Some of them don't seem to work any too hard at all, so maybe Biden had it easier than if he got a different job. On the other hand, VP has got to be easier than being a Governor, so I don't know what all the fuss is about.

So, Justin, do you see the sexism now?
9.3.2008 2:25pm
theobromophile (www):
Justin,

I'll add a bit to Xmas's list.

Would US make a cover like this of a man running for VP? You wouldn't know from it that she's running the state with the largest land mass, CIC of that state's National Guard, or has energy expertise... you would think she's another Hollywood celebrity.

No one seems to care (in a negative way) that Barack Obama has young children (who undoubtedly need his attention, and whom he, as a fundamentally decent family man, loves very much) who may cause problems with a 3 am phone call, but people say the same about Palin. Tyler had 15 kids, and no one thinks that rendered him unfit for office.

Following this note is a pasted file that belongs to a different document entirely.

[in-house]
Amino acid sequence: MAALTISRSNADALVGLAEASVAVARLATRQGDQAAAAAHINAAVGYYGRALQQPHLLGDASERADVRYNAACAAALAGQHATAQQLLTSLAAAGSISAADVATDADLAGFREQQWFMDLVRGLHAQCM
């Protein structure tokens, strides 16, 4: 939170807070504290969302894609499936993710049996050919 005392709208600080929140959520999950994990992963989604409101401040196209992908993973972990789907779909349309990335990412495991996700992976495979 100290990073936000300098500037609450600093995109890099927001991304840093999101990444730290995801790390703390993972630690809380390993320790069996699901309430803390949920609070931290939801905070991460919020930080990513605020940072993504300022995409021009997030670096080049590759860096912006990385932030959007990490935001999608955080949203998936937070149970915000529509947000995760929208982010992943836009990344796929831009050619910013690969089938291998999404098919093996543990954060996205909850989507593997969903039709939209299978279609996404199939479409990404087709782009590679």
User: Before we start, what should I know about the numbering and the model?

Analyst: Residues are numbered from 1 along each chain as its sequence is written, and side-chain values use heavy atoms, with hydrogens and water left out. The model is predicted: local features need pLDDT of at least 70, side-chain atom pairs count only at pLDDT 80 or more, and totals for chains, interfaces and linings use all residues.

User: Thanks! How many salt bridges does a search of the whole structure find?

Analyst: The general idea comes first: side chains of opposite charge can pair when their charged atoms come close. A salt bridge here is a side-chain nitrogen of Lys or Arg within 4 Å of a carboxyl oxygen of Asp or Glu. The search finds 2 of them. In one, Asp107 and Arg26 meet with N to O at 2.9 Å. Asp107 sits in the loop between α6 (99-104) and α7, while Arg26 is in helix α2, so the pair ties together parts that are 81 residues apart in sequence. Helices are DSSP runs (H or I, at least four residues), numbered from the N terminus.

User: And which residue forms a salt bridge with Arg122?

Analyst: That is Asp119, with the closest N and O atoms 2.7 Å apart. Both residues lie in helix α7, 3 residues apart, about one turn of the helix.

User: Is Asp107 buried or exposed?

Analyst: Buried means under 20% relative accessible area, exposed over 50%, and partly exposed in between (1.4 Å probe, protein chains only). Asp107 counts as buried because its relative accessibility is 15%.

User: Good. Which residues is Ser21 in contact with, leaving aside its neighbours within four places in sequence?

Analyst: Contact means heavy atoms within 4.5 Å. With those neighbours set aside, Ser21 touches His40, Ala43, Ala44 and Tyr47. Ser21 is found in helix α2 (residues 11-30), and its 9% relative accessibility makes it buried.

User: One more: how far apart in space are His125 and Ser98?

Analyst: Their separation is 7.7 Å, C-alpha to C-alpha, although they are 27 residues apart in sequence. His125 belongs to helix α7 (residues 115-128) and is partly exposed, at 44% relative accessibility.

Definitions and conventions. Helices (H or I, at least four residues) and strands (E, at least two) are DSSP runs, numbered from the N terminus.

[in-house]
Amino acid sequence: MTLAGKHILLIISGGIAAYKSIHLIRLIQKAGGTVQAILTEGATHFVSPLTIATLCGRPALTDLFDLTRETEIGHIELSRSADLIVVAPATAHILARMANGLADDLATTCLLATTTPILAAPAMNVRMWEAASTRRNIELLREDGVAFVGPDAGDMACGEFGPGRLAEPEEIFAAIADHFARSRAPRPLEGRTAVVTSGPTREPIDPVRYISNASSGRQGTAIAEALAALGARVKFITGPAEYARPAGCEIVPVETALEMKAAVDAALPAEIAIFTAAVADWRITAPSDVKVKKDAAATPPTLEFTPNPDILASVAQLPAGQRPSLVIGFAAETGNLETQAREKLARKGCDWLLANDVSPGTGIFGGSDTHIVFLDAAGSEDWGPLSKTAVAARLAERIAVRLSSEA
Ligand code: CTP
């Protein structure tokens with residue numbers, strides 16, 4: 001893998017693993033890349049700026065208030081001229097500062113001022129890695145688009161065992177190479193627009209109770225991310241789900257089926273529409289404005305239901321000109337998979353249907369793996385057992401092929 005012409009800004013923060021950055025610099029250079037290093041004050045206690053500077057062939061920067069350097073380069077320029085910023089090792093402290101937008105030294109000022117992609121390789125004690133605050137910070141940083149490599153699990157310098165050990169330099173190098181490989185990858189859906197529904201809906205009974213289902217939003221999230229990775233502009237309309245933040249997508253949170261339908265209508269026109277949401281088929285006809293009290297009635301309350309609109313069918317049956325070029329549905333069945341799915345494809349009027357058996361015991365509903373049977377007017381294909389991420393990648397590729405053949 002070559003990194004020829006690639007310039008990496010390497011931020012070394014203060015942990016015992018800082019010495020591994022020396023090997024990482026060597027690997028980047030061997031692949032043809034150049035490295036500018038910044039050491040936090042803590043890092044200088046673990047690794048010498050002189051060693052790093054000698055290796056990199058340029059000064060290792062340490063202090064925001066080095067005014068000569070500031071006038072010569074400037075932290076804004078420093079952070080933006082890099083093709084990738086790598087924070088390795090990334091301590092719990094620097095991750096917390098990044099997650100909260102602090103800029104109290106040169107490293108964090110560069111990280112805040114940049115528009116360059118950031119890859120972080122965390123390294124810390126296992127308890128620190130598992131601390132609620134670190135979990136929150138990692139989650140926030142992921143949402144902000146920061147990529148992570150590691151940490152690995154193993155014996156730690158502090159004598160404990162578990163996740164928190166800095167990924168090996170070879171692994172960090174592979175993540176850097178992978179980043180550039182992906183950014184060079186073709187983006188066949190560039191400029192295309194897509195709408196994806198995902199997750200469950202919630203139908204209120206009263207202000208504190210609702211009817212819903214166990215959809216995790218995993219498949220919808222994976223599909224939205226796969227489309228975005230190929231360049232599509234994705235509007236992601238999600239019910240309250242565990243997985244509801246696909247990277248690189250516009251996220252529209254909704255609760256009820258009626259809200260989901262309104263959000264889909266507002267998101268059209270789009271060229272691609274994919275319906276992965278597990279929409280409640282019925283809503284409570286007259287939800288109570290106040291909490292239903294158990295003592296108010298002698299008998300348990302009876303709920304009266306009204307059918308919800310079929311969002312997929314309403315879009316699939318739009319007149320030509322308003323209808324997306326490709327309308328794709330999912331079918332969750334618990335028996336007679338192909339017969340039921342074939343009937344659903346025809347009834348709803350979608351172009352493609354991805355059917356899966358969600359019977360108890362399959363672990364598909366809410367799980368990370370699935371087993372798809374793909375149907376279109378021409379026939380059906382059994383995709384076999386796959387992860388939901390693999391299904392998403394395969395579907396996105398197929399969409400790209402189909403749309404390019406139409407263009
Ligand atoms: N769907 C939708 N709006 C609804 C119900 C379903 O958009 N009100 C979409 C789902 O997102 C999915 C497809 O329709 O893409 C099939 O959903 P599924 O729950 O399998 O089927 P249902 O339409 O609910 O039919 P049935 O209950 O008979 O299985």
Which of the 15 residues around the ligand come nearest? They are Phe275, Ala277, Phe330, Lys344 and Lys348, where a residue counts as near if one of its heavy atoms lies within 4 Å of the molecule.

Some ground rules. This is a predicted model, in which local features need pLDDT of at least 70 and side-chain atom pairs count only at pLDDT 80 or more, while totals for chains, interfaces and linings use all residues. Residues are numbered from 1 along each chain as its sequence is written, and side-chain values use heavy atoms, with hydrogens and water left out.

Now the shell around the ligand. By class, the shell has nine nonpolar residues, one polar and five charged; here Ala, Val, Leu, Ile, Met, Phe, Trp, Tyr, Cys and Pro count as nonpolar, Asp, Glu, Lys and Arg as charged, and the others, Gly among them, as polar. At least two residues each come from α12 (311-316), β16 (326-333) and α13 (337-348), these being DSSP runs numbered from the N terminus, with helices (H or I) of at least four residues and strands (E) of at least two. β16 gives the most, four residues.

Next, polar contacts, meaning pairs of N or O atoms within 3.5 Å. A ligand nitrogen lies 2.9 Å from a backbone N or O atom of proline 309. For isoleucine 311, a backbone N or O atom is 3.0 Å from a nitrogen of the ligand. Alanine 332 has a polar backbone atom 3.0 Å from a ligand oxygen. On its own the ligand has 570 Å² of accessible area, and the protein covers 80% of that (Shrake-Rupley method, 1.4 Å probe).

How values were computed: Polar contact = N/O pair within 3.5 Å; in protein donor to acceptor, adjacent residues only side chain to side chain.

Melissa McEwan of Shakespeare's Sister was a blogger for John Edwards. Even she is defending Palin against the attacks. (Google "Sarah Palin Sexism Watch" and her posts - about a half-dozen so far - come up.) As one blogger said, "I'd really, REALLY rather be doing something else besides DEFEND THE &^%$#@(* REPUBLICAN VICE PRESIDENTIAL CANDIDATE right now, but...."

The Chicago Tribune is running a poll, in all seriousness, about whether Palin should/will stay on the ticket. People are placing bets on when she'll drop out. Does anyone ever say that about men when the going gets tough, or is it that they are more likely to expect a woman to fold?